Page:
Democratic Gov. Dannel P. Malloy sat quietly with his budget director, security detail, and other staff members Thursday listening as hundreds lined up to testify against his budget cuts.
It was the first time in recent memory anyone could recall a governor attending an Appropriations Committee public hearing.
Malloy stayed for about an hour and heard a dozen residents speak about how the budget cuts would potentially impact their quality of life.
Asked for his thoughts, Malloy said “I just came to listen.”
One of the residents he heard was Amanda Sage of Monroe, who talked about how Bridge House in Bridgeport helped her find employment and finish her education so she could become a pharmacy technician. She encouraged the Appropriations Committee to continue funding the Department of Mental Health and Addiction Services, which in turn funds Bridge House. She said without state funding the program that helped save her life wouldn’t exist.
“The money you spend really does save people,” Sage, who struggles with bipolar disorder, said.
The estimated cut to the Department of Mental Health and Addiction Services is about $71 million.
Jeffrey Walters, interim CEO of the Connecticut Community Nonprofit Alliance, said he’s glad the governor was in the room listening to the impact his budget would have on people. He said the state could learn a few things about how to stretch a dollar from the nonprofit community.
But that dollar doesn’t go as far as it used to.
Heather Gates, president and CEO of Community Health Resources, said Malloy’s budget will require her organization to end some services it offers to some of the neediest Connecticut residents.
“If we close programs as a result of this budget and make no mistake we will, they will have nowhere else to turn for help,” Gates said.
She said last year the Appropriations Committee “courageously” restored funding for outpatient substance abuse treatment and helped push through a Medicaid rate increase for behavioral health services. That helped avoid any disruption to outpatient health services in many locations throughout the state.
“But here we are again with a proposed budget that is far worse than the one presented last year,” Gates said. “The human service sector would shoulder almost 72 percent of the proposed cuts. That means the most vulnerable citizens of the state are being asked to shoulder the impact of these cuts. That is just not acceptable.”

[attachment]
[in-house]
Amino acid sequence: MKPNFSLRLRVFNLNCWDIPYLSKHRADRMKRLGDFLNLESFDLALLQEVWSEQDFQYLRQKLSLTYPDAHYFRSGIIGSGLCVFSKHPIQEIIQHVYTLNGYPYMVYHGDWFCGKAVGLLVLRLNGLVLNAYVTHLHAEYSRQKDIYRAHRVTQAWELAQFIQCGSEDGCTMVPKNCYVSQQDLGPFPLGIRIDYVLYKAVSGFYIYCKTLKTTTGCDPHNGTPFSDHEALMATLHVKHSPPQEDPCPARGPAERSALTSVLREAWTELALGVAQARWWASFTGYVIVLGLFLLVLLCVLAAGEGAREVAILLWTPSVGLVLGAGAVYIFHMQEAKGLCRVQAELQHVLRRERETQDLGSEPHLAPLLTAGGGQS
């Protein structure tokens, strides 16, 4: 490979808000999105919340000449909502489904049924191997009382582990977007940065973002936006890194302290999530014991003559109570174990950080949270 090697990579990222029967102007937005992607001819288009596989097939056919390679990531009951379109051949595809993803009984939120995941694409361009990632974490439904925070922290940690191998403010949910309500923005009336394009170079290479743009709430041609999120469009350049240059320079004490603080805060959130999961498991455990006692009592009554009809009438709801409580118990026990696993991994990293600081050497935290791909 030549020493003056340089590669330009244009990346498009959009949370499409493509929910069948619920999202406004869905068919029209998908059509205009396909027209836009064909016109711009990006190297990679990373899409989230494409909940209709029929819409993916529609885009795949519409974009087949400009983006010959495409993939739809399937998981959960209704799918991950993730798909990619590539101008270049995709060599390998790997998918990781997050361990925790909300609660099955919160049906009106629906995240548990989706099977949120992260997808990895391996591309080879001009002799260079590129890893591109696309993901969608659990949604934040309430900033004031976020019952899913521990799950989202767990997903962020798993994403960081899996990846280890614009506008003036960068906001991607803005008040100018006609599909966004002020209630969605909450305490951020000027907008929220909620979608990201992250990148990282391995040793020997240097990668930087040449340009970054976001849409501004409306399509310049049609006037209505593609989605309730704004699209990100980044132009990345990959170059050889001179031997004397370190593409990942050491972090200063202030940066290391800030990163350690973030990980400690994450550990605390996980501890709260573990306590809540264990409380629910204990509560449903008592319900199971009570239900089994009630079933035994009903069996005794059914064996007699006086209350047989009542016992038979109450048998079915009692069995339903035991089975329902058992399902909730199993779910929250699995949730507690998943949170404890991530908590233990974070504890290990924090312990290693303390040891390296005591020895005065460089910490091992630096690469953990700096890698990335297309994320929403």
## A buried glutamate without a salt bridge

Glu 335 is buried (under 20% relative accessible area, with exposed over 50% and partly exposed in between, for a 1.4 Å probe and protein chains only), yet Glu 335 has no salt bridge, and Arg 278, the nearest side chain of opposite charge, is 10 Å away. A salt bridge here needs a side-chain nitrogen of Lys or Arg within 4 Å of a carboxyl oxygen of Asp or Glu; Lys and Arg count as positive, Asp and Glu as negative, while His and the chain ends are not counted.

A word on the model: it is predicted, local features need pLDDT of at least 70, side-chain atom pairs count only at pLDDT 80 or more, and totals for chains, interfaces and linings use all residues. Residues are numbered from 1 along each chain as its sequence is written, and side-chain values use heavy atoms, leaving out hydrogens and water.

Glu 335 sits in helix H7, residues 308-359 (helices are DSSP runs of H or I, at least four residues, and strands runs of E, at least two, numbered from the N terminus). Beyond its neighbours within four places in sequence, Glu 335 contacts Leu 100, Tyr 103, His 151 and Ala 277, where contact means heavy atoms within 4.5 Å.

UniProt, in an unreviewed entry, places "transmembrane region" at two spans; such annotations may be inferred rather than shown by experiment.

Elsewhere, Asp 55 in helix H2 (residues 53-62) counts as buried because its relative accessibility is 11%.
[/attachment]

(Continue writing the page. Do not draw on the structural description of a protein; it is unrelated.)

She said high deductibles and products offered through the health insurance exchange don’t always cover needed mental health and substance abuse services.
The cut to Gates’ organization alone is $4.3 million and would require her to layoff about 70 staff members, which is a 10 percent reduction of the workforce and they would close one or more of their outpatient clinics and some programs.
However, it’s difficult to say what will be cut given the consolidation of the line items in each agency’s’ budget.
Causing angst among lawmakers and members of the public is the way in which Malloy presented his budget this year. Instead of proposing a budget that funds specific line items in each state agency, Malloy proposed a budget that consolidates most of them and gives the commissioner of that agency the power to use the money as they see fit.
That means it’s unclear exactly what programs will continue to receive money.
Defending his budget Thursday morning on WNPR’s “Where We Live” radio program, Malloy said the way budgeting has been done is “diabolical.” He said just because some lawmaker was able to get something into the budget years ago the legislature’s nonpartisan Office of Fiscal Analysis continues to count it as if it’s going to be funded and then gets to say the state is running a potential deficit in future budget years.
“I think we need to modernize the system,” Malloy said.
Lawmakers are still debating whether they want to adopt Malloy’s new way of budgeting because it takes away some of the power over the state’s purse strings, at the same time it means they won’t have to deal with as much during an election year.
During his radio interview, the governor also warned lawmakers that “we’re not going to spend more money,” than the state brings in.
“If you insist on budgeting differently then rebuild the budget you want, but understand that we’re not going to spend more money,” Malloy said.